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Riverwoods

The Riverwoods Field Laboratory (RFL) is located on a historic section of the Kissimmee River and is managed by the Florida Center for Environmental Studies (CES) in partnership with the South Florida Water Management District (SFWMD). Established in 1995, Riverwoods' main objective is to support research and educational activities related to the restoration of the Kissimmee River and greater Everglades ecosystem. CES hosts research scientists, students, and technicians from state, national and international organizations including universities, water management districts and environmental agencies that are interested in learning about or conducting research on the Kissimmee River Restoration Project. CES, in collaboration with SFWMD, has developed a comprehensive Education and Research Program at Riverwoods targeting secondary and post-secondary students, educators, university faculty, scientists, and environmental professionals. The program highlights environmental education using the Kissimmee River as a living lab and model of the world's largest river restoration. The program highlights the importance of the Kissimmee River restoration to the success of the greater Everglades ecosystem restoration that is outlined in the Comprehensive Everglades Restoration Plan (CERP).

For more information about the SFWMD’s Kissimmee River Restoration check online:

http://my.sfwmd.gov/portal/page/portal/xweb%20protecting%20and%20restoring/kissimmee%20river

 

Meet the Scientist - Kissimmee River Restoration  

Amber Graham - Environmental Scientist 

Amber Graham has a unique position working for CES under our Riverwoods contract with the SFWMD. She serves as an Environmental Scientist working in support of the Kissimmee River Restoration Project (KRRP). She has been working with us for 10 years, and is an extremely talented and dedicated scientist.Amber in Field

Amber earned her A.A. at Palm Beach State College in 2005 and received PBSC’s Biology Student of the Year. While she was attending classes at PBSC, she attended a lecture about the Kissimmee River Restoration Project. This peaked her interest.  Later she learned about a technician position offered by CES at Riverwoods supporting the KRRP research. She says that “With a little luck, I got the position and began the hard work of climbing up the ranks.”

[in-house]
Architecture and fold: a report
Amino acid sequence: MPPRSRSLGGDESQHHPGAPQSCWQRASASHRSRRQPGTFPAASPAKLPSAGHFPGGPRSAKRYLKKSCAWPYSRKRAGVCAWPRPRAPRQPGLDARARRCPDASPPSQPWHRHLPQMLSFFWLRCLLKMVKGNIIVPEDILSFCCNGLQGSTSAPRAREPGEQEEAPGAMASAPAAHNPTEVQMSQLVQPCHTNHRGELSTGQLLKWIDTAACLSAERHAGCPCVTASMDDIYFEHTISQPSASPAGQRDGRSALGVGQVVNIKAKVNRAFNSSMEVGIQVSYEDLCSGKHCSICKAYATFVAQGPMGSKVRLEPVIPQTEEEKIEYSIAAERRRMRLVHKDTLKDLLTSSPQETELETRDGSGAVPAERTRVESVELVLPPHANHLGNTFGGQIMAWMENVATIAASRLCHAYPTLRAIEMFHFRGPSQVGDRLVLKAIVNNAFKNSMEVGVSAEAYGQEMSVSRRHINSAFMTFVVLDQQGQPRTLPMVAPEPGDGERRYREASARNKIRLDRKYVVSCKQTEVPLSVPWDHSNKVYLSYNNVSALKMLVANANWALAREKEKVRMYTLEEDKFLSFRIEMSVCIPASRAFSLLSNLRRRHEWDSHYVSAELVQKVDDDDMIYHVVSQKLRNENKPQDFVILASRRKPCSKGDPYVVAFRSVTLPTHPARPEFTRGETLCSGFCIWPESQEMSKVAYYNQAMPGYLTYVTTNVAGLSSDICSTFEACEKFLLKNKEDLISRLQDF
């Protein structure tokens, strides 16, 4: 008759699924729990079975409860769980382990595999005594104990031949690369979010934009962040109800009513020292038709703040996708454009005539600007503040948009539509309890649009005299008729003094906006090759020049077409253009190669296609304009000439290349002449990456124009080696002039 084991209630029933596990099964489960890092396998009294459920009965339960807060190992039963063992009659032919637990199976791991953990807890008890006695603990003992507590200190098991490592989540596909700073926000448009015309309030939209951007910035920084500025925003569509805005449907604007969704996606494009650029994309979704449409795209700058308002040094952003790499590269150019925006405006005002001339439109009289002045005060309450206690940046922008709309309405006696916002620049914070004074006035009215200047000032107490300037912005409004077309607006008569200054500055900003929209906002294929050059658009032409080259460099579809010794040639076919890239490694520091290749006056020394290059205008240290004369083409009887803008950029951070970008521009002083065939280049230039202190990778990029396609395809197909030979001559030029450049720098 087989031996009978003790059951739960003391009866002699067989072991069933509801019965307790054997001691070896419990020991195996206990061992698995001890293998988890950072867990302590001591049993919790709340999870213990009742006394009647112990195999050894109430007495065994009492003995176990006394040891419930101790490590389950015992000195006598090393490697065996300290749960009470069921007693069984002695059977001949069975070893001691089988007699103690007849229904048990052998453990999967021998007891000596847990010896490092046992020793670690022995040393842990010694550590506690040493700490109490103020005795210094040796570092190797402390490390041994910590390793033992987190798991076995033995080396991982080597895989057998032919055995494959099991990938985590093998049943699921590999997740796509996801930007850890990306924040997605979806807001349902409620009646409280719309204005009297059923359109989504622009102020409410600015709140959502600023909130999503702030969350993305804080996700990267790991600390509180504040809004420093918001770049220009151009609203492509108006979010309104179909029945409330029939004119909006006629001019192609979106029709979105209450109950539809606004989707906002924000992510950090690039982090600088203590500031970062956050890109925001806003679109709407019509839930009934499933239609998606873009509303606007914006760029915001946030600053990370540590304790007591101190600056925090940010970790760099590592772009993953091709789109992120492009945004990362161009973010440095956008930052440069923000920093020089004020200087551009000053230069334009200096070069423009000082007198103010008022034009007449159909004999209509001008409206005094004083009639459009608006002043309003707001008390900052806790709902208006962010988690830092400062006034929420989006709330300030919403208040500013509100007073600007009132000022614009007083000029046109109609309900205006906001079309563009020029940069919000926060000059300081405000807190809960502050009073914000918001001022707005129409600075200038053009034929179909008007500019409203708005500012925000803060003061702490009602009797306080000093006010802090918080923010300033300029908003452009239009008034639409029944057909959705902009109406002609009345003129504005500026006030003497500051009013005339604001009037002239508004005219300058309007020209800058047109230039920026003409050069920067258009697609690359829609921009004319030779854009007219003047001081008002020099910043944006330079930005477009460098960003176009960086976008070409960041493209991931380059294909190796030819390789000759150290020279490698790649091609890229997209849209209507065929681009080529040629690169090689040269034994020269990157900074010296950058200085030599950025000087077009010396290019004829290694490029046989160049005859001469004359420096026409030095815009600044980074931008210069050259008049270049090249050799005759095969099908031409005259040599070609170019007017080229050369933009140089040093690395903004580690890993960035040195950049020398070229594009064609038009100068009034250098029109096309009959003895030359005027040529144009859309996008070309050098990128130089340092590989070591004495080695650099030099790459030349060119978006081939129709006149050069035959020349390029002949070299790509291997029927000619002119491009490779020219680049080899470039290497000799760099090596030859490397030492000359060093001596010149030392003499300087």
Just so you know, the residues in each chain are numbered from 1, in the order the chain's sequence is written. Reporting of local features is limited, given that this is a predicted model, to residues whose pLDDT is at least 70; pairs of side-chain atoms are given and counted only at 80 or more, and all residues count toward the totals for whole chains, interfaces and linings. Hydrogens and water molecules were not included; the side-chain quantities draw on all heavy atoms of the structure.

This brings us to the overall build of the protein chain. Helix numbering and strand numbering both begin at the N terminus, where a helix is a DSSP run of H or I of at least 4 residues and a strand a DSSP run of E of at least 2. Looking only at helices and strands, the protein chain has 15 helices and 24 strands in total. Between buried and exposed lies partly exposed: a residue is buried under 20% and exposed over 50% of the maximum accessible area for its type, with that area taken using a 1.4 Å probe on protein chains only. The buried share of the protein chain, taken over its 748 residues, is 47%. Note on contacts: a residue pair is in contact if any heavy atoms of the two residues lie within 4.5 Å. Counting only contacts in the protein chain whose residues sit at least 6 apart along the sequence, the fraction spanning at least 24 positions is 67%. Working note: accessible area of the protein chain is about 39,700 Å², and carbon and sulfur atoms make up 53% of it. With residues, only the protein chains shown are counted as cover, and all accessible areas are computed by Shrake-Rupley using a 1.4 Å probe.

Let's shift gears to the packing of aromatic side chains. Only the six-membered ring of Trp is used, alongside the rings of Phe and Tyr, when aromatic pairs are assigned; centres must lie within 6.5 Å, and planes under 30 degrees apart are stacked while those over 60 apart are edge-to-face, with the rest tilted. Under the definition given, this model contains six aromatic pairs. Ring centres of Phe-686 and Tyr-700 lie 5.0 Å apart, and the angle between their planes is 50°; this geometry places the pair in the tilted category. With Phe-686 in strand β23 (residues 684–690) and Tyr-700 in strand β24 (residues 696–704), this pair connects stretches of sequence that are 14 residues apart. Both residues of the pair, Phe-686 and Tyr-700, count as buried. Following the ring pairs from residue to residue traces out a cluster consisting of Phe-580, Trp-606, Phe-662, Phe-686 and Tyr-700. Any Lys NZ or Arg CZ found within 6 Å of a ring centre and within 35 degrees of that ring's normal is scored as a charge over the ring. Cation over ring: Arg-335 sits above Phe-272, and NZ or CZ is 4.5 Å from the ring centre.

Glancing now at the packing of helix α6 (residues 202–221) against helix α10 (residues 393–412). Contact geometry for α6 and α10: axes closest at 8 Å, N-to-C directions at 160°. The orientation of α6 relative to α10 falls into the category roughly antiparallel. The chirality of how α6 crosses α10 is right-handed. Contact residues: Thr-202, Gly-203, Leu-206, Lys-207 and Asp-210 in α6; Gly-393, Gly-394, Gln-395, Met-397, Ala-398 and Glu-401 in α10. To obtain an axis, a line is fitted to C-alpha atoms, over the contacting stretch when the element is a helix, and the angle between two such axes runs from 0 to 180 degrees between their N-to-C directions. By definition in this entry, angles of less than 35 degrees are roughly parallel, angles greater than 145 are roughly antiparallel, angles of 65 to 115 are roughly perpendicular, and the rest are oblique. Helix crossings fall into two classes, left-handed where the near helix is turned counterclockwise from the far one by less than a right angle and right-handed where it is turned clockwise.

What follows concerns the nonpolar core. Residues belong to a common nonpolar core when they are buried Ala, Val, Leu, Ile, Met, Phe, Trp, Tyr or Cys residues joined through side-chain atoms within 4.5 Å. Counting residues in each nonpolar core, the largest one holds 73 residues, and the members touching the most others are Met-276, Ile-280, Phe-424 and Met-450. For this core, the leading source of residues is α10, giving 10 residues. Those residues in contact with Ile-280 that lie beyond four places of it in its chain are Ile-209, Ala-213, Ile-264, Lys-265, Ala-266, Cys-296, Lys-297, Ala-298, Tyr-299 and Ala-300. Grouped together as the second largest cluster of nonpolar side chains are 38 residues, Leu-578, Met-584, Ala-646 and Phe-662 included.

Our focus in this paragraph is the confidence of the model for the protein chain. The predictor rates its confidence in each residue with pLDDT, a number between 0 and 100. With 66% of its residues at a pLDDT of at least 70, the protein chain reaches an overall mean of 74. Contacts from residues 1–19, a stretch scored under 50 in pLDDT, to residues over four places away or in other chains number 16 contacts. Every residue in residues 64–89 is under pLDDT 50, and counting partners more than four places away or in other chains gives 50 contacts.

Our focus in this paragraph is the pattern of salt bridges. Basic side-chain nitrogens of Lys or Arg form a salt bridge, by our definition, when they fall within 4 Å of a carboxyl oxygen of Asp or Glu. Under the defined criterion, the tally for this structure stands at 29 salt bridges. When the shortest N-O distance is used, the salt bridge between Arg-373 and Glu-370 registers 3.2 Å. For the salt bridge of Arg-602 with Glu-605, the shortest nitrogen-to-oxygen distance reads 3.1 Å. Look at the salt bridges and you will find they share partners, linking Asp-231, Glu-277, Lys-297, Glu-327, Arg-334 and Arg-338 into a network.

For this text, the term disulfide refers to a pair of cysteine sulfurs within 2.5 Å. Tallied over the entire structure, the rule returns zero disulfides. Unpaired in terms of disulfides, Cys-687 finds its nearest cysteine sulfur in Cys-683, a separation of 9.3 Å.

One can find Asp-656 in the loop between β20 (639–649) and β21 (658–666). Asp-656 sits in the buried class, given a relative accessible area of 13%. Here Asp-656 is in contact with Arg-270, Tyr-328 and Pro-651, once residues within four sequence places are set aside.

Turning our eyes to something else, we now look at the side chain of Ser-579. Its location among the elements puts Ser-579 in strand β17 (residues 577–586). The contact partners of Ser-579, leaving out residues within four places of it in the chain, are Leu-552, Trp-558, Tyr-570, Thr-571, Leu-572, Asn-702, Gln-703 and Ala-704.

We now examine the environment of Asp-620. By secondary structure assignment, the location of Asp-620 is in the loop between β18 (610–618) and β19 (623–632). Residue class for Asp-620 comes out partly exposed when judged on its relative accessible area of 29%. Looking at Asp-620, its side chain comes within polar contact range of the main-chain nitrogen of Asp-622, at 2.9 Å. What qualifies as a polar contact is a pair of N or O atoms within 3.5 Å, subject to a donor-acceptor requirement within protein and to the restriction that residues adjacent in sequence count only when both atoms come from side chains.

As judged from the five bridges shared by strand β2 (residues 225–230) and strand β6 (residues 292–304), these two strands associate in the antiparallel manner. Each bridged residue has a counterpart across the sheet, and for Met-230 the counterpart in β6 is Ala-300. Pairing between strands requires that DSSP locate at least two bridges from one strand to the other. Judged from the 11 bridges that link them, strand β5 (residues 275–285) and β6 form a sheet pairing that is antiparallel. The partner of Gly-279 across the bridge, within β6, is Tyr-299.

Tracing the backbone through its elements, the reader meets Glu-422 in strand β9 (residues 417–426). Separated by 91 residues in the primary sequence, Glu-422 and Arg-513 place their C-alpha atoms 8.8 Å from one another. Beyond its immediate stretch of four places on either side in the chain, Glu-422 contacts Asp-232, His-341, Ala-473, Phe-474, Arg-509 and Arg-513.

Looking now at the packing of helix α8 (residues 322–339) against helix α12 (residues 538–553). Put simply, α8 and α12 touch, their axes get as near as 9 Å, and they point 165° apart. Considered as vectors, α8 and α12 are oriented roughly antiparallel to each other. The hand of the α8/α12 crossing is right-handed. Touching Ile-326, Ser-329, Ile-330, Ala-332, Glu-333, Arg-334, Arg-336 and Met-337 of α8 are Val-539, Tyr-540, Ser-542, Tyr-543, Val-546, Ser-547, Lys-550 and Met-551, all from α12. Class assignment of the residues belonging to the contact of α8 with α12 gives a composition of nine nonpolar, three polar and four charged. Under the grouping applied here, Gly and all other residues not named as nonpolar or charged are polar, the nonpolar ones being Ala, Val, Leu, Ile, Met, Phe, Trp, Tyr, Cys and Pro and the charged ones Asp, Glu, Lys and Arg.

FAU offers an excellent program for staff called the Employee Educational Scholarship Program. Amber took advantage of free classes and continued her education in the Geosciences Program. She worked full time and attended school part time for 4 years to earn her B.A. in Geography 2013.  She is now focused on beginning her Master’s in Geosciences.

Amber’s favorite study is the Kissimmee River Channel Vegetation Study that she leads. She says that “this is my favorite project because this was my first scientific lead on a study to support the KRRP. It was a great opportunity to really get hands on experience as an environmental scientist.” Amber has gained a wide variety of experience in environmental field work by supporting all of the KRRP research studies. 

When asked her advice to students interested in pursuing a career in environmental science, Amber replied “Go for it! There are boundless opportunities available in Federal, State or Local Government, and Private Consulting firms. There will be a magical job waiting for you at the end of your degree….if you put in the effort!  Think about what is special to you, what are your strengths, then apply them to your education. Ask around to find opportunities to intern and learn different fields. Make sure to take a few GIS classes because all environmental research has a spatial application. Be proud of pursuing a career in Environmental Science, the future of our world will be in your hands.  It can be as fun as you make it. I have been in my career for 10 years, and I still get excited to go to work!”

Learn more about the Kissimmee River Channel Vegetation Study that Amber leads.


Learn more about other scientists working on the Kissimmee River: 



 Last Modified 11/8/16